VOL. XV. MAY 1962  No. 9



SPEECH DAY            247
R. C. O. 248
C.E.W.C. 250


WE welcome to the Staff Mr. J. S. Anderson who joins us from Wolverhampton Grammar School; his experience as a historian and his interest in Scouting have already proved very valuable to us and we wish him every happiness here.

He replaces Dr. W. E. Wightman who joined the Staff in 1957 and has left to become Assistant Director of Examinations in the Civil Service Commission. We are in his debt for thorough and successful work in the History Department, for varied and valuable contributions to the musical life of the School, and for his advice on careers. He was an entertaining and informative guide on historical expeditions and an experienced conductor of school parties abroad. We have been glad to hear that he is happy in his new post and offer him our best wishes for his success.

Miss Ivy Hutson retired from the position of Headmaster's Secretary in March. The School will not be the same place without her ; in her forty years here she has served under five Headmasters and all members of the School have been the happier for her charm, dignity and serenity. We affectionately hope that she will have many years of happy retirement.

Presentations were made to Miss Hutson of a white leather handbag by the Prefects and a silver tea service by past and present members of the Common Room.

We congratulate T. J. Saunders of Merton College, Oxford who in November was awarded a £100 Winter Williams Prize in Law, and M. M. H. Sewell on the award of his Ph.D. by Cambridge University for research undertaken at Cambridge and in Northern Nigeria.

We regret to report the departure of Mr. C. E. Glewis, our Laboratory Technician. He came to us in 1953, but in the past two years he has suffered from much ill-health, and we wish him a speedy recovery.

Mrs. H. Carr-Davies of Nakuru in Kenya Colony has given the School a cup which belonged to her husband. This cup had been presented to him as Captain of the Sheffield Royal Grammar School, 1900-1901. A suitably inscribed plinth is to be made for the cup and future Head Prefects will hold it during their year of office.

A. R. Dowling, G. M. Nosowski and P. N. Bell have been appointed Prefects, and the following Sub-prefects : M. J. Platts, E. V. Blackburn, J. R. Shutt, J. S. Pressley, B. W. Argent, J. W. Bows, P. S. Mattam, R. Ainsworth and S. A. Morant.

J. R. Topley and J. R. Bagshaw were awarded prizes in the Herbert Hughes Memorial Prize Examination of November, 1961.

We congratulate the following on their University awards:

D. H. Baldwin, Revis Exhibition in Social Administration at Nottingham University.
J. S. Beevers, Open Scholarship in Geography at Durham University.
P. N. Bell, Open Scholarship in Classics at Jesus College, Oxford.
P. H. Betts, Rayner Scholarship in Engineering at Nottingham University.
J. W. Bows, Hulme Exhibition in Classics at Brasenose College, Oxford.
N. Coope, Open Exhibition in Physics at the Imperial College of Science.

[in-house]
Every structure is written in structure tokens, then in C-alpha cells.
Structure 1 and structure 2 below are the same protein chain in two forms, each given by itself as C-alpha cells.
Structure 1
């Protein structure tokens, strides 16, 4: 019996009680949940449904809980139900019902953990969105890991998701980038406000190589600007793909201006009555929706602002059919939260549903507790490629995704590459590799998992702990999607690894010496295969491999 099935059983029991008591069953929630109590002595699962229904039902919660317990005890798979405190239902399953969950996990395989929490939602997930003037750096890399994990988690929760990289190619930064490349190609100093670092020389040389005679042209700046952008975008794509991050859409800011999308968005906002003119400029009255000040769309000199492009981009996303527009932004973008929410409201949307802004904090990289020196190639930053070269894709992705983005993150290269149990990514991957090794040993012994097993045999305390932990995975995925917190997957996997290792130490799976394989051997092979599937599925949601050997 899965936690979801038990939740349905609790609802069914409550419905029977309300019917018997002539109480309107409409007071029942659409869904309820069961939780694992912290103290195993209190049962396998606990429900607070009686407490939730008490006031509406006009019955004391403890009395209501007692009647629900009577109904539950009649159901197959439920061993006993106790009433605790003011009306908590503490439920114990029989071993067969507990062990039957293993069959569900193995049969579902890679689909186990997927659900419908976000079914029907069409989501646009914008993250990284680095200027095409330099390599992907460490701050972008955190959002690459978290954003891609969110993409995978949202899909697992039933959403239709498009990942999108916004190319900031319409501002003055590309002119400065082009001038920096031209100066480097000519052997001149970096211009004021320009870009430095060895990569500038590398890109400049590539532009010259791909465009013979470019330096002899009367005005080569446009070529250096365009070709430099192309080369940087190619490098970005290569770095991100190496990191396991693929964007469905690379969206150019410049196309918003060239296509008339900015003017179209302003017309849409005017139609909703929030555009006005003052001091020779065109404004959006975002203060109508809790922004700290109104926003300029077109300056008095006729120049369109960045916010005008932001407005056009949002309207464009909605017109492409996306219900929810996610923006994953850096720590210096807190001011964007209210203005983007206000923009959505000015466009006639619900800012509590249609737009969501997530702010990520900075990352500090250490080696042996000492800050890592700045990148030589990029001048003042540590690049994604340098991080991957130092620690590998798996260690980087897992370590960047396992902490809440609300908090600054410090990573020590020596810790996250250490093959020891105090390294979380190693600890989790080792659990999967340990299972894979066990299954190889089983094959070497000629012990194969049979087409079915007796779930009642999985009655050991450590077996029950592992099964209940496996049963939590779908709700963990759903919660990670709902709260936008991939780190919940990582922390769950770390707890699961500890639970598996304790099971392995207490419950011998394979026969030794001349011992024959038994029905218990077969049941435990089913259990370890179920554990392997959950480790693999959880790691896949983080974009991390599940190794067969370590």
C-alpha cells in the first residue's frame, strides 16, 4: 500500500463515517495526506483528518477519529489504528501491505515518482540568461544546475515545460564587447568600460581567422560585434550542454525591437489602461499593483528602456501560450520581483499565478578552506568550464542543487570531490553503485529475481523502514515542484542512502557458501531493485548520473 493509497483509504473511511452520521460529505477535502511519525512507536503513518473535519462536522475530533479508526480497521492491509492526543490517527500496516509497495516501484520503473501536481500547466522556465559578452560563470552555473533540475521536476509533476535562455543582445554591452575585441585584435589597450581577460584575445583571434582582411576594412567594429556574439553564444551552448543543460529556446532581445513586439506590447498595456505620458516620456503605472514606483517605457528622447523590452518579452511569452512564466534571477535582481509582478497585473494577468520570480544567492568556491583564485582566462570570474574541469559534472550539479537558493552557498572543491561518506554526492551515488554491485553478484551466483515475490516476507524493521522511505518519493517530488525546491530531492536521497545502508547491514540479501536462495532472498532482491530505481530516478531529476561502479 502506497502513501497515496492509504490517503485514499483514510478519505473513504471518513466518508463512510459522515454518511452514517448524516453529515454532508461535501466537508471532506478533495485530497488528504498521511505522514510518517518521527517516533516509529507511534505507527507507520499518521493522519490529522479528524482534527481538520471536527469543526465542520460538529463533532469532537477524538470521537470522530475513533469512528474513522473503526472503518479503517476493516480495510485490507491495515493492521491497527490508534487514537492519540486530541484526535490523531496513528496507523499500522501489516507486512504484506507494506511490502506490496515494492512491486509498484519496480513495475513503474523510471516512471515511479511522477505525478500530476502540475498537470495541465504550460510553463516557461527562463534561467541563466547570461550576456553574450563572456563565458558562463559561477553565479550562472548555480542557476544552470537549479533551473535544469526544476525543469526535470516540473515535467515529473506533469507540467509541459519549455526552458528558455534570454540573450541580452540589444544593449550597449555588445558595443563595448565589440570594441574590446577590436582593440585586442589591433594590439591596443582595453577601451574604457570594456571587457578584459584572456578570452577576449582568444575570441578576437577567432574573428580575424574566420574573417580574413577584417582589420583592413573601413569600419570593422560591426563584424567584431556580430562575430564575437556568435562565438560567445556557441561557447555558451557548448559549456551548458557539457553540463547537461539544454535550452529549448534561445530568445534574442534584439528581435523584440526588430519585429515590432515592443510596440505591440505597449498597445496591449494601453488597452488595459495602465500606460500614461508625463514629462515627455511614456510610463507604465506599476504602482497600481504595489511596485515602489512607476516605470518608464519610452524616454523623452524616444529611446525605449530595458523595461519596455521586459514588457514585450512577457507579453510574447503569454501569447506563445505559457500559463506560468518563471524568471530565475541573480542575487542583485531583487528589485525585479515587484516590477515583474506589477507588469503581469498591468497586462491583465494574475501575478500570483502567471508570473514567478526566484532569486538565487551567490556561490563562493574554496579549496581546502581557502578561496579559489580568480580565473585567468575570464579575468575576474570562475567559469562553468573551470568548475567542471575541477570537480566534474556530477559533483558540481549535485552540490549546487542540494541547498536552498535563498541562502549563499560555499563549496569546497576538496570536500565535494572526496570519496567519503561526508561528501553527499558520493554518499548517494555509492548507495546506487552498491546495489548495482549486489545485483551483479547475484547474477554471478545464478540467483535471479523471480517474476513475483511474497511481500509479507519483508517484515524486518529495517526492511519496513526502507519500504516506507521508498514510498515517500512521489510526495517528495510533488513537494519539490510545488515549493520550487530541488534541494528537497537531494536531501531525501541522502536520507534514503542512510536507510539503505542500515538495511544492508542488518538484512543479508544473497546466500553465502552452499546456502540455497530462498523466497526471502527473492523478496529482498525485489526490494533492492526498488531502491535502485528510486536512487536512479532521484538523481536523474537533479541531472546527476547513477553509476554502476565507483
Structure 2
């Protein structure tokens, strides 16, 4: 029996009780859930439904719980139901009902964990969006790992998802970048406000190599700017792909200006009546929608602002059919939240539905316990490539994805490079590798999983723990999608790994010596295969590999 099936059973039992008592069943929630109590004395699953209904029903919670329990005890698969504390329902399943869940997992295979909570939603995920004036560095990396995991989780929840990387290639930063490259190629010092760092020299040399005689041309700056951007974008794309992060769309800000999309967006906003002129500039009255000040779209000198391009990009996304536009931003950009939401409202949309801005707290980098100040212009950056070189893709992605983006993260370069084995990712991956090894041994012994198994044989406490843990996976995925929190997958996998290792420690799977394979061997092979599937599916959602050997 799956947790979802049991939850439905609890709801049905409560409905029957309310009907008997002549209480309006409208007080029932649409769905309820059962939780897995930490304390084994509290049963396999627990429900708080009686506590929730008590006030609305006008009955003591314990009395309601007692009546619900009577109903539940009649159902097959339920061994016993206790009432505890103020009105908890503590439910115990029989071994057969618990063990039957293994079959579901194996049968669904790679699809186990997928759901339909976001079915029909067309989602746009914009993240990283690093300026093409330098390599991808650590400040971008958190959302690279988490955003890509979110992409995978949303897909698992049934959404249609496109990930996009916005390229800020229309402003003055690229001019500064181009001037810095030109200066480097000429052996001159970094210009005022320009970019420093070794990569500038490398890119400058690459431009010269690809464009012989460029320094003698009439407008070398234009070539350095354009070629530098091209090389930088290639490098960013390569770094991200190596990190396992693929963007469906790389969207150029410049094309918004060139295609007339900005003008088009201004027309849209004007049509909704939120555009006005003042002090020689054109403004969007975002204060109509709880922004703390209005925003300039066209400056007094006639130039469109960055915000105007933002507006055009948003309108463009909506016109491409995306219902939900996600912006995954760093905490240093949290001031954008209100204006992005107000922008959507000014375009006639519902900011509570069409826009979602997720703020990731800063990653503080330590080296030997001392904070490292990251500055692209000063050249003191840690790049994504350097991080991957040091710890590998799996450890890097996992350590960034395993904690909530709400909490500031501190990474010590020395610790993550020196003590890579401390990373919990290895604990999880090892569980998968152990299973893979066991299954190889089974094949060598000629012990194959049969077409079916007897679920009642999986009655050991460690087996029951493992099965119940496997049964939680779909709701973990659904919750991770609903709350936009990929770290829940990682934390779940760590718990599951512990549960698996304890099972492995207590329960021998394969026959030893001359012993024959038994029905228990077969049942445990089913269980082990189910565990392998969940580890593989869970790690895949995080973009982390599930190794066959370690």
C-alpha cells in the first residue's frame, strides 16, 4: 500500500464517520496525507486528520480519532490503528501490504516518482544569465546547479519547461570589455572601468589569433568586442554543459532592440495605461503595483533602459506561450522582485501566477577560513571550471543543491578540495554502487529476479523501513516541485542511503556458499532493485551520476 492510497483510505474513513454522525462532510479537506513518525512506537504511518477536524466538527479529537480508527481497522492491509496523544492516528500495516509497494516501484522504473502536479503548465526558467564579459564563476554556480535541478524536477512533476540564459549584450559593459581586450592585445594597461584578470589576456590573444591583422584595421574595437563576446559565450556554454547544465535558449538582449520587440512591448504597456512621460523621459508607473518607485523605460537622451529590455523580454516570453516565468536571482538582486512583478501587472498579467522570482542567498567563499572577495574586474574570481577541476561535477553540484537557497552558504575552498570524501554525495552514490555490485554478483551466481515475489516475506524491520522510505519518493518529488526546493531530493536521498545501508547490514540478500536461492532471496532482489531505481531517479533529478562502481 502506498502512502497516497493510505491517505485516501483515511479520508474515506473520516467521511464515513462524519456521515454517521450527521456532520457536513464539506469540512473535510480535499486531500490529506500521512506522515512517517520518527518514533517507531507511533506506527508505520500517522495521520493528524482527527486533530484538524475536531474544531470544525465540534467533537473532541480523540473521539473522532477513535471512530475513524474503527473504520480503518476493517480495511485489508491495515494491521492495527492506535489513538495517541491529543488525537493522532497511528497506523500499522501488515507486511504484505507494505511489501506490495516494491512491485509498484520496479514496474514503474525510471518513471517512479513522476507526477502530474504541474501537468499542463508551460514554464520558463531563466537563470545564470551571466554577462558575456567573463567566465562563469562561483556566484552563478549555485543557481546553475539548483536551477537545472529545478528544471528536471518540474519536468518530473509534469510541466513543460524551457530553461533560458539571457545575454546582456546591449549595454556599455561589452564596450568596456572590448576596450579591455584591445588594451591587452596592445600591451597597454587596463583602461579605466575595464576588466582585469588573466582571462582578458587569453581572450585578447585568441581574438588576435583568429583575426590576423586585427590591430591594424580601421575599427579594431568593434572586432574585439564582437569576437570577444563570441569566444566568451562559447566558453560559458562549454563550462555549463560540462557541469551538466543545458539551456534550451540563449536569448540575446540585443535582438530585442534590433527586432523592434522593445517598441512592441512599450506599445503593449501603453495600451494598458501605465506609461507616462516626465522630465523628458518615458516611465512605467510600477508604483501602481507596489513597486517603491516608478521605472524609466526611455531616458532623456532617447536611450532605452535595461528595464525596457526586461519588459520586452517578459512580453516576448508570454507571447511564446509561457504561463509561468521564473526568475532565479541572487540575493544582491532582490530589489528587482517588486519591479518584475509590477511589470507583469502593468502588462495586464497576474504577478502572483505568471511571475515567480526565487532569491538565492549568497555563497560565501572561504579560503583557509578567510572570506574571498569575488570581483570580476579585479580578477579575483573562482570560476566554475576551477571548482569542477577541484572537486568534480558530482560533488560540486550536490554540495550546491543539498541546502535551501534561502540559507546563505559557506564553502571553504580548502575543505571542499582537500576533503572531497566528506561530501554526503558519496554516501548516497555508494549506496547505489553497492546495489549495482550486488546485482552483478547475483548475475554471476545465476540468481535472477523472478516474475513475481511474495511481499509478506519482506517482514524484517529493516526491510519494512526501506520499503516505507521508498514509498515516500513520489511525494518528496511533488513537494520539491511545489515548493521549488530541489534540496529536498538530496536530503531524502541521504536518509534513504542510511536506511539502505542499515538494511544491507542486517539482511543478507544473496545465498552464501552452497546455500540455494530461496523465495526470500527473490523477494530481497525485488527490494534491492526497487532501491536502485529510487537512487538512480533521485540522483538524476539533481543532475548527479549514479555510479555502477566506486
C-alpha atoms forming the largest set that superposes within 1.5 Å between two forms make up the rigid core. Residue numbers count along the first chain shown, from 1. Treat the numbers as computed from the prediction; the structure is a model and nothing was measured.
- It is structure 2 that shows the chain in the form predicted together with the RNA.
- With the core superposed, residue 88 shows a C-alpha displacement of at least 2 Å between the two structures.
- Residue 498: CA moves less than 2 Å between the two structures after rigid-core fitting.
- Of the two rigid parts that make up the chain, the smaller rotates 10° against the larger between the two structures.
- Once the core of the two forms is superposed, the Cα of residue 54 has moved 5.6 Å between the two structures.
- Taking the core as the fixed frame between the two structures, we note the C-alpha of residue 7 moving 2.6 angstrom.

B. F. Crabtree, Hastings Exhibition in Natural Science at The Queen's College, Oxford.
B. B. Cruickshank, Robert Styring Scholarship in Mathematics at Sheffield University.
N. R. Dennis, Open Exhibition in Natural Science at Peterhouse, Cambridge.
A. R. Dowling, Open Scholarship in Natural Science at Worcester College, Oxford.
A. Foster, Open Scholarship in Modern Subjects at Corpus Christi College, Oxford.
R. Gunson, Open Scholarship in Mathematics at University College, Oxford.
M. A. Hall, Open Postmastership in Classics at Merton College, Oxford.
P. M. Hetherington, Styring Scholarship in Natural Science at The Queen's College, Oxford.
P. J. Matthews, Open Postmastership in Natural Science at Merton College, Oxford.
R. Mingay, Minor Scholarship in Social Studies at Trinity College, Oxford.
H. R. Morrison, Open Scholarship in Mathematics at Wadham College, Oxford.
H. S. Ogley, Open Exhibition in Mathematics at Trinity College, Cambridge.
M. Roebuck, Open Scholarship in Mathematics at Wadham College, Oxford.
E. E. Styring, Revis Exhibition in Sociology at Nottingham University.
J. B. Thorpe, Minor Scholarship in Mathematics at Jesus College, Cambridge.
A. R. Tong, Open Scholarship in Chemistry at Leicester University.
E. Trickett, Pemberton Scholarship in Physics at Durham University.
P. R. Whyman, Open Scholarship in Modern Languages at Keble College, Oxford.

And the following on obtaining places

OXFORD : R. N. Crookes, J. A. Cunningham St. Edmund Hall ; D. F. Evans Pembroke ; P. J. W. Grimsditch Oriel ; M. J. Grundmann New College ; M. Hulse, R. E. Oates St. Peter's ; P. N. Kenyon Magdalen ; J. C. H. Meakin Keble ; J. Wilkinson Lincoln.
DURHAM : J. R. Bagshaw, A. R. Outwin, A. Pilkington, P. D. Roberts, I. R. Taylor, R. D. Walley.
LONDON : I. T. Colquhoun, M. Hill (L.S.E.) ; J. R. Topley (King's).
NOTTINGHAM : C. C. Mills, D. J. Nelson, D. G. Ollerenshaw, M. J. Richards.
KING'S COLLEGE, NEWCASTLE : K. Baxby, D. F. Butterell, P. A. Solway.
MANCHESTER : M. C. Purdy, J. L. Tym
SHEFFIELD : M. A. Collins, M. R. Edwards.
LEEDS : P. E. Hawksley, D. M. Taylor.
LEICESTER : J. R. Jacques.
LIVERPOOL : M. Worrall.
BIRMINGHAM : S. S. Birley.
SUSSEX : J. V. Laming.

TOWARDS the end of the autumn term a reporter paid the school a brief visit, the masters were photographed, and an article on the school in a series " Great Schools of the North " appeared in the " Yorkshire Post." Generally the article was flattering, and the overall picture it gave reasonably accurate. However, it managed to rouse certain members of 6M.S. by stating that the school was free of Unilateralists, and " not worried about the Bomb." Their protest letter was printed and replied to ; but the 70% Conservative poll at the last Mock Election would seem to support the reporter's remarks.